I have often wondered how life was different for Lazarus after his death and resurrection. Were his priorities the same afterwards as before? Did he work less and spend more time with family and friends? Did he fear death and dying, or was he freed to live his new life with a special trust and confidence in God? Could we imagine what his new life was like and then apply it to our own lives as resurrected people through our births from baptism?

In The New Interpreter’s Bible, O’Day notes:

The church preaches about death and resurrection at the time of death, but shies away from such topics in the midst of life. Yet it is in the everyday rhythms of life that the church most needs to talk about Jesus’ power as the resurrection and the life, so that death can indeed lose its sting. To proclaim the power of resurrection at the time of death is both to impoverish the proclamation and to weaken the power of its witness in the face of death.
... In the moment of crisis, at the funeral of a loved one, the immediate need is for pastoral care and assurance about the power of the resurrection. Indeed, funerals do provide Gospel witness to the power of God in Jesus. But a funeral is not the moment for believers to reassess their lives in the light of the new eschatological reality in which the incarnation enables the church to live, because the power of grief and loss is so palpable.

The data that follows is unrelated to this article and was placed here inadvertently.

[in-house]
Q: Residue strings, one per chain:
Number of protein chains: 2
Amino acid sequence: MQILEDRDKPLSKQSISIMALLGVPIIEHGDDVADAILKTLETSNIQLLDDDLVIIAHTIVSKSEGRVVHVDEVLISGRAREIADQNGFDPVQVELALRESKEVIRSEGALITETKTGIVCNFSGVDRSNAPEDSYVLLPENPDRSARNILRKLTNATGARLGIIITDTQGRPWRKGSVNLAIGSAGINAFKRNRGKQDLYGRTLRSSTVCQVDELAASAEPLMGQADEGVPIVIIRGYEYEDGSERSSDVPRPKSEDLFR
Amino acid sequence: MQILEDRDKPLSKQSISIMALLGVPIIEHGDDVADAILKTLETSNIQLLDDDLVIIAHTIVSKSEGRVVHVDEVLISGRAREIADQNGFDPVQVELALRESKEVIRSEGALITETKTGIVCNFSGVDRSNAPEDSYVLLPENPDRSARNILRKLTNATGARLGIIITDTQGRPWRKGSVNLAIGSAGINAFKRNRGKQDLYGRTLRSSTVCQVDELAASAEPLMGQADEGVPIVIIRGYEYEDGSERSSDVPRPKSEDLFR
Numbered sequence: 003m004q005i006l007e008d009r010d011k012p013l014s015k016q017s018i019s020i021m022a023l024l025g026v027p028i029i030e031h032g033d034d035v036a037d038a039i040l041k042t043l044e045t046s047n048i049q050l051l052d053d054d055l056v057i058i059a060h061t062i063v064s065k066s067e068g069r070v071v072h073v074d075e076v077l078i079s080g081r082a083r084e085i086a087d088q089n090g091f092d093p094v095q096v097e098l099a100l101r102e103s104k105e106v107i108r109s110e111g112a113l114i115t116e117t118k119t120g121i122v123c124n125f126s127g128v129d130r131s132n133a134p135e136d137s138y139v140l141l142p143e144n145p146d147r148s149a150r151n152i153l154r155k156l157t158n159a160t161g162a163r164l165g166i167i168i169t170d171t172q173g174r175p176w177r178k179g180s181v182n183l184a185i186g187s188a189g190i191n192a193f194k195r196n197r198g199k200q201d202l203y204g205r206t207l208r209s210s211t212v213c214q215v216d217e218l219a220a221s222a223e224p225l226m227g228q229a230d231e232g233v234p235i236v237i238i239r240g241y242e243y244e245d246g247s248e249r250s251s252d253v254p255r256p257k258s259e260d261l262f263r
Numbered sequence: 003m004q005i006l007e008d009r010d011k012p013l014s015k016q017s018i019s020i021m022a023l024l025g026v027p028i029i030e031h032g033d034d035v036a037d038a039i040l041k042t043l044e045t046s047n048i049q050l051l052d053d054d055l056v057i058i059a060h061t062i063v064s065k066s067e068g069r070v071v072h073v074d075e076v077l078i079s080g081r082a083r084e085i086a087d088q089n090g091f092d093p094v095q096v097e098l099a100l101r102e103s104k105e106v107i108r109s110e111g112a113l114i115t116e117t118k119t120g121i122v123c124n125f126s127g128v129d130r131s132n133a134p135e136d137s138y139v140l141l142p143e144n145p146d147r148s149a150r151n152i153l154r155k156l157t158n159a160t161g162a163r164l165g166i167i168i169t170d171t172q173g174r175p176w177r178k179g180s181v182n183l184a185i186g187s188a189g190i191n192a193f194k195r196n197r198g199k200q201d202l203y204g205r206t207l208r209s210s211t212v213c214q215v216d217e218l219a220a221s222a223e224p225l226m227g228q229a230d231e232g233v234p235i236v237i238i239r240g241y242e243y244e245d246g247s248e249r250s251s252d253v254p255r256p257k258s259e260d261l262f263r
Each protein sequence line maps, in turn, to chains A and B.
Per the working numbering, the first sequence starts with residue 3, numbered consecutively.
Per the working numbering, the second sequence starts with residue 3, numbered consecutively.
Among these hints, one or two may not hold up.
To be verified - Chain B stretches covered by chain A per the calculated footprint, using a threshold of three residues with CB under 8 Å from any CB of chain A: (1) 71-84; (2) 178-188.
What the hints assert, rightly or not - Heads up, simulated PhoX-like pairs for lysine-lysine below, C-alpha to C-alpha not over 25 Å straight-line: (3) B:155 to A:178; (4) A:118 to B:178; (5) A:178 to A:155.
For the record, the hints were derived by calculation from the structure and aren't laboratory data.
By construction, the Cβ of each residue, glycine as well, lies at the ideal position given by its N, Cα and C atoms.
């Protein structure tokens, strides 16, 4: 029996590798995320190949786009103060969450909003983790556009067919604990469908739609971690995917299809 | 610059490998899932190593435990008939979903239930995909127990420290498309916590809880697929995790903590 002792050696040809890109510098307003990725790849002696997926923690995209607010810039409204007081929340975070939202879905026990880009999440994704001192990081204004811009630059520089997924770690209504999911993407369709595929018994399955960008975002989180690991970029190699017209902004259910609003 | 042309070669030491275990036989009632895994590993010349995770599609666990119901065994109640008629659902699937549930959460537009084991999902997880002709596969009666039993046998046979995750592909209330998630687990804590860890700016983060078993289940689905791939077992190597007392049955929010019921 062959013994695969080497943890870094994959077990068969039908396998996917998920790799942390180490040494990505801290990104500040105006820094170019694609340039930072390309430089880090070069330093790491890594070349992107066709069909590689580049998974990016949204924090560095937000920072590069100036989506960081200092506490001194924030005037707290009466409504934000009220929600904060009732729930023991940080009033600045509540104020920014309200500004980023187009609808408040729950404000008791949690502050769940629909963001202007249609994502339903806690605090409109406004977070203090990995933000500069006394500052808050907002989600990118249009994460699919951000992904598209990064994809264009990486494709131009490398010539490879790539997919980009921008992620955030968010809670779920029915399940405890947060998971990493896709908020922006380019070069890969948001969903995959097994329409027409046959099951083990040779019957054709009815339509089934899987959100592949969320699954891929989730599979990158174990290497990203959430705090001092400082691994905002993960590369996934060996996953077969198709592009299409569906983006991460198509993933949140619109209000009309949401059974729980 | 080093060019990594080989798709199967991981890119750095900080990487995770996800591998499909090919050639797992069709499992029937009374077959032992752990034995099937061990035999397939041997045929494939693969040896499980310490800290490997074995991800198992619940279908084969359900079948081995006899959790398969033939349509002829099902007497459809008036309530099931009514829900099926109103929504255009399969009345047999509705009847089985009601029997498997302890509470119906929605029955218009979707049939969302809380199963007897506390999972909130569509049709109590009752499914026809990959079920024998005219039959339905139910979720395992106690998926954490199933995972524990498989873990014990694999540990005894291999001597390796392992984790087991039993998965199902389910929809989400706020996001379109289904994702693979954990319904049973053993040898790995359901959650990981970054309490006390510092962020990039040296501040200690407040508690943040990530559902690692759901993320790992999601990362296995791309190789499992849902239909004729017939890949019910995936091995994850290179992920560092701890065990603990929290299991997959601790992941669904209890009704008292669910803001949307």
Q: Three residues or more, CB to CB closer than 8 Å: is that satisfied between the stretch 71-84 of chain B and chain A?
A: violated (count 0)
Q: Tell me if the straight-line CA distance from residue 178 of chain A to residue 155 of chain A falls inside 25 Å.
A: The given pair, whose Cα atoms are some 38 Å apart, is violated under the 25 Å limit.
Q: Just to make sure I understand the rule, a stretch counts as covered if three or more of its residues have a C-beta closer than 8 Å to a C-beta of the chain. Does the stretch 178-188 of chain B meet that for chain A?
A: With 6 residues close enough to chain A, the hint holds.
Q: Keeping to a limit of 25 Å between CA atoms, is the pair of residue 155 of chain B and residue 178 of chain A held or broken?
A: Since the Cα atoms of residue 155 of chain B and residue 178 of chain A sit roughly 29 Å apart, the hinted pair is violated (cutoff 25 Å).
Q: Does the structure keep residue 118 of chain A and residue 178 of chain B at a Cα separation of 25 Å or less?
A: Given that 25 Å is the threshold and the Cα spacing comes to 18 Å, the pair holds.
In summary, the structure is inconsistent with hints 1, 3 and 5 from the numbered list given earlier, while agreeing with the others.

... Jesus’powerful announcement to Martha suggests that the church needs to embrace Jesus as the resurrection and the life not only at times of death, but also in the daily moments of human lives, because these moments, too, whether one names them so or not, are also lived in the face of death. John asks the church to reflect that Jesus is the resurrection and the life not just for the crisis moment of death, but for all moments in life. Jesus announcement is that the world is now definitely under God’s care and power. John thus offers a promise about how those who believe in Jesus will live their lives, not just about how they will end them.

Our sainthood, then, does not happen after our deaths, but it is part of our lives in the present time. We are connected with the holy God now.

If saints are those, as a child described, through whom the light shines, then there are saints among us today, and saints in the making.

I do not believe that Lazarus could possibly be the same after he responded to Jesus word to come forward and was helped by others to be released from his bonds. That is a powerful image for this “Communion of Saints.”

No matter what makes you feel dead inside, hear the call of Jesus. “I am the resurrection and the life. He who believes in me, though he die, yet shall he live; and whosoever lives and believes in me shall never die.” Follow his voice and live.

Being a saint comes as a gift from God. We are saints because the Holy God has come in contact with us. We are saints because Jesus Christ paid the price for our sin and made it possible for us to be in the presence of God. Let the saints, the people of God, the priesthood of all believers, hear his call to take away the stone that entombs people and to unbind them. Let the light of the Risen Christ so shine through us that others are drawn to the light and hear the life-giving voice of Christ.


Valid HTML 4.01 TransitionalCopyright © 2006 Steven Jensen
Comments welcome at